The quiet death of sci-fi and freedom of speech.

In the pre-Trump era, I would have felt comfortable saying the following, but now words get so twisted around. You know: Thoughtless retweets, faked stories, quotes out of context, equating "no evidence to support the claim" and "no reason not to support the claim." And it's not just Trump&Co. It's technology, social media, growing pains of internationalism, and trends in social morality. It all seriously makes me hesitate to speak my mind.

...And yet, how dare we so easily give up freedom of speech.

So. . . anyways. . . I think manned space exploration is ridiculous. Why should we spend all this time and resources to send and support living, breathing 70kg beings prone to human era and human failings on trips through space? I would think that in a few years at most, AI would be a cost-effective and more reliable replacement. Is it just that we don't want to be replaced by computers? Is it a collective sense of romance? (Come on! No one loves a good sci-fi drama more than me, I understand that—with the possible exception of Opportunity—people don't tend to get emotional about robots lost in space, but that doesn't make the 1950s concept of space travel pragmatic!) With VR technology, it will be just like we're there, in space, but without all that zero-G clumsiness and soft fleshy liability.

When we do voyage to other stars, I think it will be as ghosts sans shell.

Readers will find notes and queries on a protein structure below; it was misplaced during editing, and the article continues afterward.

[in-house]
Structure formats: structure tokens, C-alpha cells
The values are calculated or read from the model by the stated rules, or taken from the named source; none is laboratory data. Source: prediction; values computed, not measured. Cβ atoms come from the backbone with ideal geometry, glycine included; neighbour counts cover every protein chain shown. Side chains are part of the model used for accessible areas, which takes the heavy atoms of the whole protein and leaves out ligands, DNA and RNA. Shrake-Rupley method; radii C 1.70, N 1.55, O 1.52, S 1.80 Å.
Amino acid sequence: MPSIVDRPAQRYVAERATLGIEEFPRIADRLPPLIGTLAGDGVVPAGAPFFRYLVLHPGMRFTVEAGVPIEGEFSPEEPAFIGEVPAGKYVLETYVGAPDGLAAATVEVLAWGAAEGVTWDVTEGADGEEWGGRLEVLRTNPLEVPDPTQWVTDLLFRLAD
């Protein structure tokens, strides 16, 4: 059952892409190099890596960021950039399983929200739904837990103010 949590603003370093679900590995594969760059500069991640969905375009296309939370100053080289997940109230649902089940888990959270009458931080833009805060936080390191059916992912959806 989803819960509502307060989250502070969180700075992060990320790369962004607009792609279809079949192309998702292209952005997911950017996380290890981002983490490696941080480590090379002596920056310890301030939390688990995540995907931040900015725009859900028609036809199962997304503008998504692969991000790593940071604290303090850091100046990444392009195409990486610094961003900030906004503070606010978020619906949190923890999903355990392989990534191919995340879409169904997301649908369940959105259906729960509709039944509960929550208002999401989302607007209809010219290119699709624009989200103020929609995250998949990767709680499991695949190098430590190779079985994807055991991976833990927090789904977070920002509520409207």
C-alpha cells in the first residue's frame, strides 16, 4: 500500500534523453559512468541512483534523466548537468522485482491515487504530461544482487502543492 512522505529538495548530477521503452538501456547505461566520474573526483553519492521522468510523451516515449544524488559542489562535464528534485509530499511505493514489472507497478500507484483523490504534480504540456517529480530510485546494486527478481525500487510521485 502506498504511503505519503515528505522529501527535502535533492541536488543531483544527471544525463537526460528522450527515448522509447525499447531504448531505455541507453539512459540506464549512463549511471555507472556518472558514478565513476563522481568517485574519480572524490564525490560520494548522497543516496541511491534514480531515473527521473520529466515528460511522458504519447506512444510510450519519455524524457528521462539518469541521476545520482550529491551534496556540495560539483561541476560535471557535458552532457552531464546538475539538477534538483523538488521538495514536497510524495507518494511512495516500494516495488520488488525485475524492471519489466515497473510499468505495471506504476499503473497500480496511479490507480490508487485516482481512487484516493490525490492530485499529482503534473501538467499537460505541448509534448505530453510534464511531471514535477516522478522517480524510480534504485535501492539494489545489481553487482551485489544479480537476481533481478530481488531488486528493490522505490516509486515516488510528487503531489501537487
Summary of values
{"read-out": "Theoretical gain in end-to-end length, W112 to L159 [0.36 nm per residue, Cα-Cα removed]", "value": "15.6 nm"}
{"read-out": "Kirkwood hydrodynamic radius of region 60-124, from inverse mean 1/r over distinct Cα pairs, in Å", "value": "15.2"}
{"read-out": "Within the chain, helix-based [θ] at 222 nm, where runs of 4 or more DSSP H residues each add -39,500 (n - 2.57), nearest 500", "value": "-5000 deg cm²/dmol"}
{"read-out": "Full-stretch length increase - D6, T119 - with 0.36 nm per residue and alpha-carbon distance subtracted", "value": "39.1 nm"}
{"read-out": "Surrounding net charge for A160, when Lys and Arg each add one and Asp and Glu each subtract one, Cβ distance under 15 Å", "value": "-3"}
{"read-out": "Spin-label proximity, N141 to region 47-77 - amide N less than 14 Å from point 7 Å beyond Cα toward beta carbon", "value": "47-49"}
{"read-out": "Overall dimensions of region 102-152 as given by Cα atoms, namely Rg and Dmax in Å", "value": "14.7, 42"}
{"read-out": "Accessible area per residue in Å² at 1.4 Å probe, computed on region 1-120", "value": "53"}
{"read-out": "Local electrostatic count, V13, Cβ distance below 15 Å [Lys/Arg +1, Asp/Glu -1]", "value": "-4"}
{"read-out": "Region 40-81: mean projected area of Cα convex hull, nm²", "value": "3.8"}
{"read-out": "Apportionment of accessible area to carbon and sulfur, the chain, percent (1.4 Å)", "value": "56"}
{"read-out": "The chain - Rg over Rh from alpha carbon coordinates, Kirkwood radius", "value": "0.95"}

But I am afraid to say so. After all, manned space travel has become symbolic of the American dream, an ideal both conservatives and liberals can get behind, a stronghold of science in a populist society, and it seems worthwhile if only to hasten the demise of flat-earth conspiracy. But sending people to Mars to promote scientific literacy is as nonsensical a platform as believing the world is flat. Why do we do it?


Disclosure: As a physics-person, I have a preference for augmented perception over tangible artifacts and visual-spectrum images, and a penchant for multi-billion dollar particle colliders.









horseshoe crabs






写真はアートですか? Are photographs art?




(まだ終わってないけど、今日はちょっと頓挫。Still needs something...but what?

I think of art,
not as something to be beautiful,
or interesting,
certainly not something to be practical,
but as a means of expressing what refuses to stay inside.

Photography, I think, captures moments born outside of oneself, freezes them so we can slowly absorb and internalize them. The relationship between ourselves and the world, but never feelings born within the photographer. But aren't a photographer's photos just the same as the painter's paint?

I don't know, but I've always felt closer to paintings. Paintings make me want to trust the painter. (But I guess that's why I'm not a photographer.)

road trip

I'm being a bit blockheaded this week. Some students were talking about Naoshima and I decided to go this weekend because
a) this is the last weekend that discount train tickets are on sale.
b) I don't have anything else scheduled this weekend.

a) I didn't have time to buy the ticket. So I decided to go by car and save money by sleeping in the car. But I just booked a hotel room anways (go figure!), and I can't get a cheap toll pass because I'm a foreigner. D'oh!
b) Turns out I'll be skipping a whole bunch of meet-the-new-folks events. Oh well.

Well, that wasn't much of a blog. I should be able to take some nice pictures though.